David Mittman has been a leader and advocate for PAs and later NPs for more than thirty years. He served as a medic in the Air Force Reserves and later enrolled in the Long Island University (LIU) Brooklyn Hospital Center Physician Assistant program graduating in 1975. As a student he helped establish the LIU PA Program Student Society. He is a founding member of the New York State Society of Physician Assistants (NYSSPA), and served as its president in 1979. From 1981 to 1983, Mittman served on the board of directors for the American Academy of Physician Assistants (AAPA) and would later become president of the organization in 2019. In 1990, Mittman and two partners formed Clinicians Publishing Group to publish Clinician Reviews and Clinician News.
Mittman was born in Brooklyn, N.Y. in 1952, spent his formative years there, and graduated from Canarsie High School – named after the Native American tribe that sold Manhattan to the Dutch. After two years in college, Mittman joined the Air Force Reserves and on no volition of his own was trained as a medic, becoming an aeromedical evacuation specialist. While in training he worked with a number of PAs, saw and liked what they did, and decided to pursue a career as a PA. As a newly graduated PA, he talked himself into a position at Flatbush Medical Group. He spent 9 years with the Group in primary care in Brooklyn, N.Y. and was one of the first PAs involved in a Health Insurance Plan (HIP) to manage his own panel of patients. He left to begin a career in medical publishing with Physician Assistant Journal, which, at the time, was the official journal of the AAPA. As a member of the Air Force Reserves and as President of the NYSSPA, Mittman advocated for the commissioning of PAs on active duty in the US Air Force. It was later however that the US Air Force Reserves recognized PAs and accepted them into their ranks. Mittman did arrange to work as a PA while in the Reserves while at summer camps, the first PA to do so. He worked hard to improve the legal climate for effective PA practice in New York. He also became active in getting legislation passed in New Jersey, calling for a march of PAs on Trenton, the NJ State Capital. The march took place on October 13, 1989 and with the support of the AAPA and many other groups, over 500 PAs from across the nation joined the march, parading and rallying on the steps of the State House. New Jersey passed PA enabling legislation in 1992 and PA prescribing legislation in 1997. For his part in the march, Mittman received the AAPA Public Education Award in 1990. In October 2008, Mittman was honored by the New Jersey State Society of PAs with its “Lifetime Achievement Award”. He was also honored earlier with the same award by the NY State Society of PAs.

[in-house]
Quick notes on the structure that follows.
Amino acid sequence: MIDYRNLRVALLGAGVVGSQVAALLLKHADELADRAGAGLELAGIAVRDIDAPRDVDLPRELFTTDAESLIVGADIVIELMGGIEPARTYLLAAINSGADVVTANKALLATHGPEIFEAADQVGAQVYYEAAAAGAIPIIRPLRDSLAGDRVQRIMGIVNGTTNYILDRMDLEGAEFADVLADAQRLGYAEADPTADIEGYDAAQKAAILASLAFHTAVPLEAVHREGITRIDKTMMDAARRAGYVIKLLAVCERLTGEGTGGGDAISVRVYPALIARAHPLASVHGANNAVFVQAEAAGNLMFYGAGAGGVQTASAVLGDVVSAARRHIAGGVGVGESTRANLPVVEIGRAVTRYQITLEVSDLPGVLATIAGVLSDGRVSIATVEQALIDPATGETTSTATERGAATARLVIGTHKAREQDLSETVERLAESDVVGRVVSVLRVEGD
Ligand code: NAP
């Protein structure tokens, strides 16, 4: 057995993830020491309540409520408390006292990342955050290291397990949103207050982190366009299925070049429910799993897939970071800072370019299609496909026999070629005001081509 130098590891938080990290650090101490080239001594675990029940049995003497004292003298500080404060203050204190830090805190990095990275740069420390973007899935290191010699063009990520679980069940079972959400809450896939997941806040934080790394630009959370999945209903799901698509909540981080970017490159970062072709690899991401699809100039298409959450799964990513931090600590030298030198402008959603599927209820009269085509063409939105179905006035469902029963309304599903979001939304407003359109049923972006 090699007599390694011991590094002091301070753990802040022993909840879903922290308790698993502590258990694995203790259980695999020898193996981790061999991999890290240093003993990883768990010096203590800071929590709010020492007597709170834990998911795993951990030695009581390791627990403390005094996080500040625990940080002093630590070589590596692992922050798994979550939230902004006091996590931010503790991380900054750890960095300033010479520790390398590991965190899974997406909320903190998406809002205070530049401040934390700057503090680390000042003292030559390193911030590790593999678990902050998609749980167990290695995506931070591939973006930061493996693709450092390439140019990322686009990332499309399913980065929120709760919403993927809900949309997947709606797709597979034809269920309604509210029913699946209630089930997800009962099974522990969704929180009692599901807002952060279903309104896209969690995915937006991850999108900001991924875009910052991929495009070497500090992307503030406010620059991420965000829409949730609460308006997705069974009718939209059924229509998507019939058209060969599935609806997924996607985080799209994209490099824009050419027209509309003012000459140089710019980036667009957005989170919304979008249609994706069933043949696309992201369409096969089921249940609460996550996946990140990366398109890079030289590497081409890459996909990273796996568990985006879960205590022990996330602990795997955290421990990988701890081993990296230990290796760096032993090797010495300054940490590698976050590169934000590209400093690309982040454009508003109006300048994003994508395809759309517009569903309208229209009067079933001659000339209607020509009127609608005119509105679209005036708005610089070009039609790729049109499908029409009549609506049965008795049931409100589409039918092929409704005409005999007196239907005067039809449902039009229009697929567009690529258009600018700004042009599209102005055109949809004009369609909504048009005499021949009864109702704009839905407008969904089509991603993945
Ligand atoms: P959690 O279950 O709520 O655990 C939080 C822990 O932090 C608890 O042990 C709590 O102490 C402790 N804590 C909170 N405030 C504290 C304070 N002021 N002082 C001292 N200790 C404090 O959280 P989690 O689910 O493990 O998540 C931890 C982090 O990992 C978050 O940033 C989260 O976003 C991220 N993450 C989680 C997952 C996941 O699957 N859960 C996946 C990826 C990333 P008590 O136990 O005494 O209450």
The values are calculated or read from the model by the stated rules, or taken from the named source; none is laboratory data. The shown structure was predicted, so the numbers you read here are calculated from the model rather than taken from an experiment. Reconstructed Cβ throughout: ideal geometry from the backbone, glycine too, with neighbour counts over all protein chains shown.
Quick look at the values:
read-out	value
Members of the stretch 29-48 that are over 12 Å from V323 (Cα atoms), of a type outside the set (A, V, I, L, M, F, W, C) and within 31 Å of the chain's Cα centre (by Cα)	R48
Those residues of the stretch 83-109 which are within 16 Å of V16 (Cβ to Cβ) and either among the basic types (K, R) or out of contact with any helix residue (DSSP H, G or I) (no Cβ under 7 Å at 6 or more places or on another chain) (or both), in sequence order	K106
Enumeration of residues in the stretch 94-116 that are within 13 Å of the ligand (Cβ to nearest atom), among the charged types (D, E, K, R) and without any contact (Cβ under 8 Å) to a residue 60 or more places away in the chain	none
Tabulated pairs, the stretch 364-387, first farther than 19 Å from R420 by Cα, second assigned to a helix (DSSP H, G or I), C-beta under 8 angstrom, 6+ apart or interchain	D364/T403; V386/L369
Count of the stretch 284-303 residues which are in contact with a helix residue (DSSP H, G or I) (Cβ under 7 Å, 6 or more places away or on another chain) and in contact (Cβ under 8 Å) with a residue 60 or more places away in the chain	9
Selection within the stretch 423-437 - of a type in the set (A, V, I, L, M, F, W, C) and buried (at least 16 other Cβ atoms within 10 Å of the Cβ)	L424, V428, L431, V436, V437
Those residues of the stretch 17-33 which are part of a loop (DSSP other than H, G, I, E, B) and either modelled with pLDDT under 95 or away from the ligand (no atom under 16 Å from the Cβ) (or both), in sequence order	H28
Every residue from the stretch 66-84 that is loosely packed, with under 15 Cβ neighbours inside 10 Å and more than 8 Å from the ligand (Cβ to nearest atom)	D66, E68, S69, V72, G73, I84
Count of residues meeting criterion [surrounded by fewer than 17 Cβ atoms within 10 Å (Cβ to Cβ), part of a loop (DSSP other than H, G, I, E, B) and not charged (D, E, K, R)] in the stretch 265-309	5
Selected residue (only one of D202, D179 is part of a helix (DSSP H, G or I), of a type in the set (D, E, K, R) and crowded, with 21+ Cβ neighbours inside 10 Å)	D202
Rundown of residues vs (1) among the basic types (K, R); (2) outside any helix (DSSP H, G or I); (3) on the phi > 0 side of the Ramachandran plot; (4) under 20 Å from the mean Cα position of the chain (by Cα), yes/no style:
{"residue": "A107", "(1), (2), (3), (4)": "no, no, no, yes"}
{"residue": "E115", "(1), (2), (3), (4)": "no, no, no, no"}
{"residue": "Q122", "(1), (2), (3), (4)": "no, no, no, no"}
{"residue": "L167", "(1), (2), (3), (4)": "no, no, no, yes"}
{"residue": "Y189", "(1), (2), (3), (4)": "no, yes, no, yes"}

The first issue of Clinician Reviews was released in February 1991 with Mittman as publisher and co-founder. It was heralded as a new publication for physician assistants and nurse practitioners; a joint venture of Clinicians Publishing Group, Clifton, NJ and Williams and Wilkins, Baltimore, MD; designed to help keep non-physician providers abreast of the latest advance in medicine, as reported in the research literature and at major medical meetings. Mittman and his partners, one of whom was Tom Yackeren, PA-C his classmate and good friend, took Clinicians Group and built it into a major publishing business by launching eight journals in six different physician specialties within an eight year period, something never done before in the history of medical publishing. In 2001, Clinicians Group was acquired by Jobson Publishing.
Mittman has authored over 60 papers in publications as diverse as Chicken Soup for the Expectant Mother’s Soul (2000), U.S. Pharmacist (2002), The British Medical Journal (2002) and others. His co-authored paper in the BMJ was the first international paper written by PAs about PA practice. In 2007, he successfully trained as a Life Coach. Together with some close NP and PA colleagues, he co-founded the American College of Clinicians (ACC) which was a national professional organization representing both NPs and PAs. Mittman strongly believes that NPs and PAs must work together to insure a better future for both professions. Accordingly, he has spoken numerous times to NP and PA groups about the future of both professions. The ACC was an ad hoc organization, and once its mission of bringing NPs and PAs closer together was accomplished, it disbanded. In 2009 Mittman launched another dream: Clinician 1, the first internet community for PAs and NPs. He is currently the editorial director of the community. He also serves as the vice president of PAs for Tomorrow, a national PA advocacy and representative organization which he co-founded with a number of PA leaders who felt more needed to be done to move the profession ahead in the areas of research, autonomy and identity. Mittman was elected president elect of the AAPA in 2018 and will serve as president of the organization from 2019 until 2020.
Mittman and his wife Bonnie have been married for over 40 years and have two children who are young adults. Max is currently in college and is a gifted artist and Blair is also in college and is majoring in psychology. The PA History Society is indebted to Mittman for his support and donation of personal papers and other items of historic interest.
Acknowledgments: This biography was written by Reginald Carter with the assistance of Mr. Mittman and submitted to the Society on March 1, 2013. This biography was updated in January 2019. The second photograph was provided by Mr. Mittman while the banner and third photographs are from the AAPA Photographic Collection, PA History Society, Johns Creek, GA.